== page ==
Western Highlands and Chimbu, like other Highlands provinces, are prone to many different disasters including floods, landslides, droughts and frost.
Communities and nfrastructure in these provinces are regularly impacted by floods, especially areas along the rivers and the flood plains.
In 2015/16, both provinces were affected by El Nino-induced drought and frost.
Western Highlands and Chimbu are two of the five provinces and regions featured in a risk assessment report produced by a team of experts from the Regional Integrated Multi-Hazard Early Warning System for Africa and Asia (RIMES) and supported by technical specialists from relevant institutions of Papua New Guinea.
Michael Sembenombo, project manager for United Nation Development Programme’s (UNDP) disaster risk management project said: “While the likelihood of floods is very high for Western Highlands, Chimbu is prone to more landslides, based on estimates and disaster modelling developed for these two provinces.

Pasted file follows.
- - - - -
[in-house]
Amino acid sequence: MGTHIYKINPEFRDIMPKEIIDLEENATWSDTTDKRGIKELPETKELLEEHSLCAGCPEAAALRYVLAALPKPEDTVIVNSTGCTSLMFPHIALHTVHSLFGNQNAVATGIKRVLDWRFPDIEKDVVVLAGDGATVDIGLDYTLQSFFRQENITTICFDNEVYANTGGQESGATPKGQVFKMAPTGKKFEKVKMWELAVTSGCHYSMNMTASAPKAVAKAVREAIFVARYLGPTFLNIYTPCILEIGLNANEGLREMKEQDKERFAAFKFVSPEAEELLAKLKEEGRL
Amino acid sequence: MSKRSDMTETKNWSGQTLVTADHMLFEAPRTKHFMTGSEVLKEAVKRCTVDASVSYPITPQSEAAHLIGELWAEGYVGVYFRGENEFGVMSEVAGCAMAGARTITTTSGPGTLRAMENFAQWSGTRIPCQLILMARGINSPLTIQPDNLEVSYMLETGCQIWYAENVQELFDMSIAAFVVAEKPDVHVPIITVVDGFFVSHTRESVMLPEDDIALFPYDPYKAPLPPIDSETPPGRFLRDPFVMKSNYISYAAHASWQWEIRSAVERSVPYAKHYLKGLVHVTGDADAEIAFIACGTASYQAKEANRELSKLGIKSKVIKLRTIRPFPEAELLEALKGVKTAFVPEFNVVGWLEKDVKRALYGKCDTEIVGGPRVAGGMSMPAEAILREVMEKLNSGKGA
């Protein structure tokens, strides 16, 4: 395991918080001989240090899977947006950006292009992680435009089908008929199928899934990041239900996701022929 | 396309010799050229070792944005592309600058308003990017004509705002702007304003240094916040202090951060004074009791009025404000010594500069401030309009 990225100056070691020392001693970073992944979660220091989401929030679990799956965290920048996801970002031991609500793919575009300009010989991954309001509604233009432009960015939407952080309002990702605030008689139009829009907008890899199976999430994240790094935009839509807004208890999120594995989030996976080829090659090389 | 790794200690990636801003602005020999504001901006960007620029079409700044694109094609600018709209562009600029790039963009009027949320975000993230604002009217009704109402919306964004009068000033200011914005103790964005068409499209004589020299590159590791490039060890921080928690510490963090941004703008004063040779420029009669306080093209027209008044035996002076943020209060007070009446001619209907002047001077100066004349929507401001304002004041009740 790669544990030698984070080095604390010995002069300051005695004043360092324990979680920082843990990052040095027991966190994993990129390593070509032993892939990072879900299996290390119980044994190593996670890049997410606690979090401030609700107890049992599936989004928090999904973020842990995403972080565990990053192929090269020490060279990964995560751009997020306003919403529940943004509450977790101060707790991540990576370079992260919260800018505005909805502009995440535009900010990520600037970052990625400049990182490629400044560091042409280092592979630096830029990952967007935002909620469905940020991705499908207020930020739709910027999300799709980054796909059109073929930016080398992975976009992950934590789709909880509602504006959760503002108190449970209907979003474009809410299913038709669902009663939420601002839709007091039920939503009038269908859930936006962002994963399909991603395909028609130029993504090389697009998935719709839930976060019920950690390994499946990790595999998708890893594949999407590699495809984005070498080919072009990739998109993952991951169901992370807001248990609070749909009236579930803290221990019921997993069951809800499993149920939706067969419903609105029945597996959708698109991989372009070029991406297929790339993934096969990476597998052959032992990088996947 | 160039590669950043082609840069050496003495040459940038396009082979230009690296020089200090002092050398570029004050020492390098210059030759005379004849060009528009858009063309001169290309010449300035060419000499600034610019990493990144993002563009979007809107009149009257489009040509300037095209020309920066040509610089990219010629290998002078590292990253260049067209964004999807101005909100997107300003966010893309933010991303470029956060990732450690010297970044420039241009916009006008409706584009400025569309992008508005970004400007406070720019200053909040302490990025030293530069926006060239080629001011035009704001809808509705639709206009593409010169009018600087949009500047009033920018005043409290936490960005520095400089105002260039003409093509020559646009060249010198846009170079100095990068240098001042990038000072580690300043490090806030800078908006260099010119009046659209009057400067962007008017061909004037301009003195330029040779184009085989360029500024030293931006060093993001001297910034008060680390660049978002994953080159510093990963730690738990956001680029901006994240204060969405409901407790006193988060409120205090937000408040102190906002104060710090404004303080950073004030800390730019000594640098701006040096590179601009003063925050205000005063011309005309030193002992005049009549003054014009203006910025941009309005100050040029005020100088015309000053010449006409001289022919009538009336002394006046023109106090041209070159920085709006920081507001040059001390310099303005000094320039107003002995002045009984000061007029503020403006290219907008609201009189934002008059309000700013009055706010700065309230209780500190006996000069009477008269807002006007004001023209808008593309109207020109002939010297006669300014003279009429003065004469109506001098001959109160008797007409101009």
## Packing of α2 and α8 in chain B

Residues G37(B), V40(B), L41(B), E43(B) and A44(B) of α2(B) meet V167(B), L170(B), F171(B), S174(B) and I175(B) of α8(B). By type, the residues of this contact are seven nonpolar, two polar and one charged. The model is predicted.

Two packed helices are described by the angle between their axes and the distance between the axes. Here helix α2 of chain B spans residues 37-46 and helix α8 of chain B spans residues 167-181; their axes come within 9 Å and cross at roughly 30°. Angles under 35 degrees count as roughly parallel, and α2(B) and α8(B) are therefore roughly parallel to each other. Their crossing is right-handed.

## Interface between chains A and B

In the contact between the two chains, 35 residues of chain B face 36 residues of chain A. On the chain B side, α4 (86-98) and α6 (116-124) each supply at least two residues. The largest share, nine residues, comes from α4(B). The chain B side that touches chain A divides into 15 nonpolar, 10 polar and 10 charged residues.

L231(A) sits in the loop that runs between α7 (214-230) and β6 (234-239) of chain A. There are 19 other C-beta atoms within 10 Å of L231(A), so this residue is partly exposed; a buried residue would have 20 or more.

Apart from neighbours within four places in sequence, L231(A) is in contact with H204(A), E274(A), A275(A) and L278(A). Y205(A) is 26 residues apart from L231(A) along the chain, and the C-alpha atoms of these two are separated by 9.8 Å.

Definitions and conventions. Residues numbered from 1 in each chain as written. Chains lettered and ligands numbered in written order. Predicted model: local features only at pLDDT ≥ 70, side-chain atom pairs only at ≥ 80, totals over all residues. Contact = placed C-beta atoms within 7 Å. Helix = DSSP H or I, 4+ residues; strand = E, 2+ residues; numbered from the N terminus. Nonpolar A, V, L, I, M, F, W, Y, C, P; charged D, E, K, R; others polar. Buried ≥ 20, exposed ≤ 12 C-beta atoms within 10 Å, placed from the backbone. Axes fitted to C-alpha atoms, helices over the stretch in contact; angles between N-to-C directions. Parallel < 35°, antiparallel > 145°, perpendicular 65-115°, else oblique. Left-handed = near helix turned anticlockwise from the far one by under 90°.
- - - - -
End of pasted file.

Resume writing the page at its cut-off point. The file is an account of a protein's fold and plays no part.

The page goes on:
“Both provinces experience drought in the low altitude areas and frost in the high altitude areas, as was the case in 1997 to 1998 and 2015 to 2016. This requires urgent attention and the need to implement risk reduction activities.”
The preliminary results of the assessment report indicate that:
- Western Highlands is vulnerable to floods, as many of the communities are located along the flood plains and valleys, while Chimbu is vulnerable to landslides as a result of the land structure in combination with the rainfall and the human activities; and,
- Chimbu is also highly vulnerable to the floods, especially the communities situated along major rivers in the province.
To prioritise the disaster risks that have been identified for the province, UNDP held a two-day disaster risk reduction planning workshop in Kundiawa from Sept 25-26 and in Mt Hagen from Sept 28-29 this year.